[Hpn] Fw: Welfare: Bipartisan Success?
H. C. Covington - I CAN! America
Fri, 15 Sep 2000 10:54:19 -0500
Thursday, September 14, 2000
Welfare: Bipartisan Success?
LIZ ACCLES, firstname.lastname@example.org, http://www.wmadcampaign.org
Accles is national coordinator for the Welfare Made A Difference
National Campaign, which today launched a public education drive. Accles can
arrange interviews with current and former welfare recipients; some of their
stories are available on the web page.
FRANCES FOX PIVEN, email@example.com
Piven is Distinguished Professor of Political Science and Sociology at
the Graduate School and University Center of the City University of New
Her books include "The Breaking of the American Social Compact." Piven
said today: "The welfare rolls are down and politicians, the media, everyone
touts the success of welfare reform. But it is really no feat, and no
accomplishment, to cut the welfare rolls unless poverty among single
mothers and their children is also reduced.... The Congress regularly voted down
proposals to systematically monitor the impact of welfare reform on the
well-being of families.
Wisconsin, the welfare reform pioneer that has slashed its rolls by 68 percent,
won't release employers' quarterly reports that tell not only whether recipients
got jobs, but how long they kept them.
New York City won't open its records to outside researchers. When the
Massachusetts welfare department was told that one in three of the
people leaving welfare was unemployed, their response was to stop collecting
information on why people were leaving the rolls."
GWENDOLYN MINK, GMink1@aol.com
Professor of politics at the University of California at Santa Cruz and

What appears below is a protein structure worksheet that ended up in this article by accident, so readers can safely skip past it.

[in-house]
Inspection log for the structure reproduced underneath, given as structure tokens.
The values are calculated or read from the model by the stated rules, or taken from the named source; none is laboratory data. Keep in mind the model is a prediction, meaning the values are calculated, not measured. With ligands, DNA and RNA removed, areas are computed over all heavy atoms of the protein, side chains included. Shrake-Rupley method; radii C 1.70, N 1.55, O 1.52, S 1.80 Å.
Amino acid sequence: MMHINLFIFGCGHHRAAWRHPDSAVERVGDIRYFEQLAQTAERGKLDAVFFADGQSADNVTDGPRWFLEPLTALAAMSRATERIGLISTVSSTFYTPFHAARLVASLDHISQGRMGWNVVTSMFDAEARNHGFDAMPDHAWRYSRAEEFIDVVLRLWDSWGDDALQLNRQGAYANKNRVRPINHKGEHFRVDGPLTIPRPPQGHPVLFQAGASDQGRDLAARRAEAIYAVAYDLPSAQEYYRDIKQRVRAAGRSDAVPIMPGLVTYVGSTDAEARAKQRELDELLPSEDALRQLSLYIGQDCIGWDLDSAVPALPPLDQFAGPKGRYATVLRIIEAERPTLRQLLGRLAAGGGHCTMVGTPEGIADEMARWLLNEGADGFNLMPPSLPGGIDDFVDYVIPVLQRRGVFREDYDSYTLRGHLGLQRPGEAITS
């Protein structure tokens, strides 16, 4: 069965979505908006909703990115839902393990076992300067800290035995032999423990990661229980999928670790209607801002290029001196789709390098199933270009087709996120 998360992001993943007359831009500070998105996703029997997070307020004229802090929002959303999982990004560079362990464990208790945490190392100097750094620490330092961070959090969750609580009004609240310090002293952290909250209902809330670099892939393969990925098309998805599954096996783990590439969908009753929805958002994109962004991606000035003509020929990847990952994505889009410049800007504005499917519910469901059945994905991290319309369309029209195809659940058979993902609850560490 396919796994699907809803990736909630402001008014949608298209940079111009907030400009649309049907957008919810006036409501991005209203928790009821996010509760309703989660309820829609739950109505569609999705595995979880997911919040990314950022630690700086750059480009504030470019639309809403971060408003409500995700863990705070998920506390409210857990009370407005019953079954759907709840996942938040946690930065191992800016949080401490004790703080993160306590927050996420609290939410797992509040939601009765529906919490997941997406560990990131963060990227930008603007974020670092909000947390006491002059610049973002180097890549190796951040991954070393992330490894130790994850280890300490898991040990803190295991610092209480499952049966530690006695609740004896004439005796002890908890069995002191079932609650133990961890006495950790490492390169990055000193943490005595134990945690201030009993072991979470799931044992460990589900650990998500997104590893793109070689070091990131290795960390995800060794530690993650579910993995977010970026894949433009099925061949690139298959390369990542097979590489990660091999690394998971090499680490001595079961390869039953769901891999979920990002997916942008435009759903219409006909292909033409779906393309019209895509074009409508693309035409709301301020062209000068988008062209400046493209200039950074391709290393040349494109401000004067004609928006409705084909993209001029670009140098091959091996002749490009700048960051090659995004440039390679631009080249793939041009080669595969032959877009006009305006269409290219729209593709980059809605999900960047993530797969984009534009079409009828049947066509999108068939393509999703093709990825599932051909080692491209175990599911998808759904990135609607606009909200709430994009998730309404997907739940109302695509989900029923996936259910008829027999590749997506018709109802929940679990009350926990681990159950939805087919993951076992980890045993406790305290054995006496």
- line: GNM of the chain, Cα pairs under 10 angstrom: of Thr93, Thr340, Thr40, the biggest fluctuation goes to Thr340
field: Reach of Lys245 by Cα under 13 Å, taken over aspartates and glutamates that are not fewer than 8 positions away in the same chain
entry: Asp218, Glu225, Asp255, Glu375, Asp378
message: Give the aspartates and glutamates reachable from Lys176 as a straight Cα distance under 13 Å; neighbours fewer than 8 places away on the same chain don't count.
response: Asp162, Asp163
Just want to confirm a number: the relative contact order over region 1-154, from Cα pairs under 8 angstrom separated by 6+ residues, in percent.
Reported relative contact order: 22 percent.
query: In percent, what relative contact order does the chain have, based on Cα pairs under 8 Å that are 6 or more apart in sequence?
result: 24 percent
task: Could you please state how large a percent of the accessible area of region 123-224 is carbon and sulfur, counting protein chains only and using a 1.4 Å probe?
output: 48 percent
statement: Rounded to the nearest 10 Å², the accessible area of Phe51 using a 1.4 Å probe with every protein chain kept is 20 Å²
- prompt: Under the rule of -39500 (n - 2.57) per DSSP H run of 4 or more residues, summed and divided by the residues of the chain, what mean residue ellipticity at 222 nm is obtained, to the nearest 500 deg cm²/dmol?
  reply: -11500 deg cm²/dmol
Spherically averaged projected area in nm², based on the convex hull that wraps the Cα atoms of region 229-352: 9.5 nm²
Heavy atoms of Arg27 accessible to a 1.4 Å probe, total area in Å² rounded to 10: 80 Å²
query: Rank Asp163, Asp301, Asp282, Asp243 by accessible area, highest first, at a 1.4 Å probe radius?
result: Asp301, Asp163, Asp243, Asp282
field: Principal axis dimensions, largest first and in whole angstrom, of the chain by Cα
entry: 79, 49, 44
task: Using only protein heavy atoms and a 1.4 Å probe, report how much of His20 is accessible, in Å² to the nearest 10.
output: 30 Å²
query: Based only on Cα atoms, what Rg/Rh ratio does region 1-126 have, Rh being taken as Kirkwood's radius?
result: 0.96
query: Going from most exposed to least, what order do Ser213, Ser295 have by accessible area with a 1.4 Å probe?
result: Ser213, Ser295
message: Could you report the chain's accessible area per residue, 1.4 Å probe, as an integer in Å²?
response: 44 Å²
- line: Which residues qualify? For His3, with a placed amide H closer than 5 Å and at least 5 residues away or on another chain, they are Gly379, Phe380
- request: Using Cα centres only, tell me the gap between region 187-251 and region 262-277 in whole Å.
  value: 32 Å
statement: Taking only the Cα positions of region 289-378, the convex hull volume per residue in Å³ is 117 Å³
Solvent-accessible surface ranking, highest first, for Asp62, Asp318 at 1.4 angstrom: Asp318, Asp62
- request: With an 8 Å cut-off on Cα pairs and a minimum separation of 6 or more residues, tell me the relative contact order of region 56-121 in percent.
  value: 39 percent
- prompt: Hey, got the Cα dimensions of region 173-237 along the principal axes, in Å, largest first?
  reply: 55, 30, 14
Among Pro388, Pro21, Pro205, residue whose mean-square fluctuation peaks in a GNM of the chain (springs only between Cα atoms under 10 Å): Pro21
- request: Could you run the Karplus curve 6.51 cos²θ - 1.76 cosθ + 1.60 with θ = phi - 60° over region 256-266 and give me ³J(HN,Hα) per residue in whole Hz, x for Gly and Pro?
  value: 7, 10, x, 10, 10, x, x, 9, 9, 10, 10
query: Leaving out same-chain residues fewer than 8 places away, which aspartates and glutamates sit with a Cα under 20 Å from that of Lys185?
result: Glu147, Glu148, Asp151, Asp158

author of "Welfare's End," Mink said today: "In this campaign year, both
Republicans and Democrats are taking credit for reducing the welfare
rolls by 46 percent, and both sides are touting the 'brilliant success' of
punitive innovations such as time limits and coerced work outside the
But between 30 and 50 percent of families leaving welfare do not have
earnings: that's a 30-50 percent unemployment rate among former
recipient families. Three years after leaving welfare, the median income even
among employed former recipients was only $10,924 -- well below the poverty
By any measure, these data show that welfare reform has been a disaster
for families who need welfare. The hardest hit are women of color and their
children: welfare reform has had an unmistakable disparate racial
impact. If Al Gore truly means to redistribute the joys and opportunities of
prosperity to folks who have been left out, he needs to spearhead a campaign to
reform welfare reform. And if he's truly committed to women's rights and racial
equality, he must fight to repeal welfare provisions that make poor single
mothers a separate and unequal caste."
LINDA BURNHAM, firstname.lastname@example.org, http://www.coloredgirls.org
Director of the Women of Color Resource Center and co-author of the
report "Working Hard, Staying Poor: Women and Children in the Wake of Welfare
'Reform,'" Burnham said: "Undoing the damage of welfare 'reform'
requires the restoration and strengthening of the social safety net for women,
while funding programs that support women all along the path to economic
self-sufficiency.... Welfare 'reform' compromises the human rights of
poor women in the United States. United Nations human rights instruments
attest to the strong link between economic stability and all other human
For more information, contact at the Institute for Public Accuracy:
Sam Husseini, (202) 347-0020
Institute for Public Accuracy
915 National Press Building, Washington, D.C. 20045
(202) 347-0020 * http://www.accuracy.org * email@example.com
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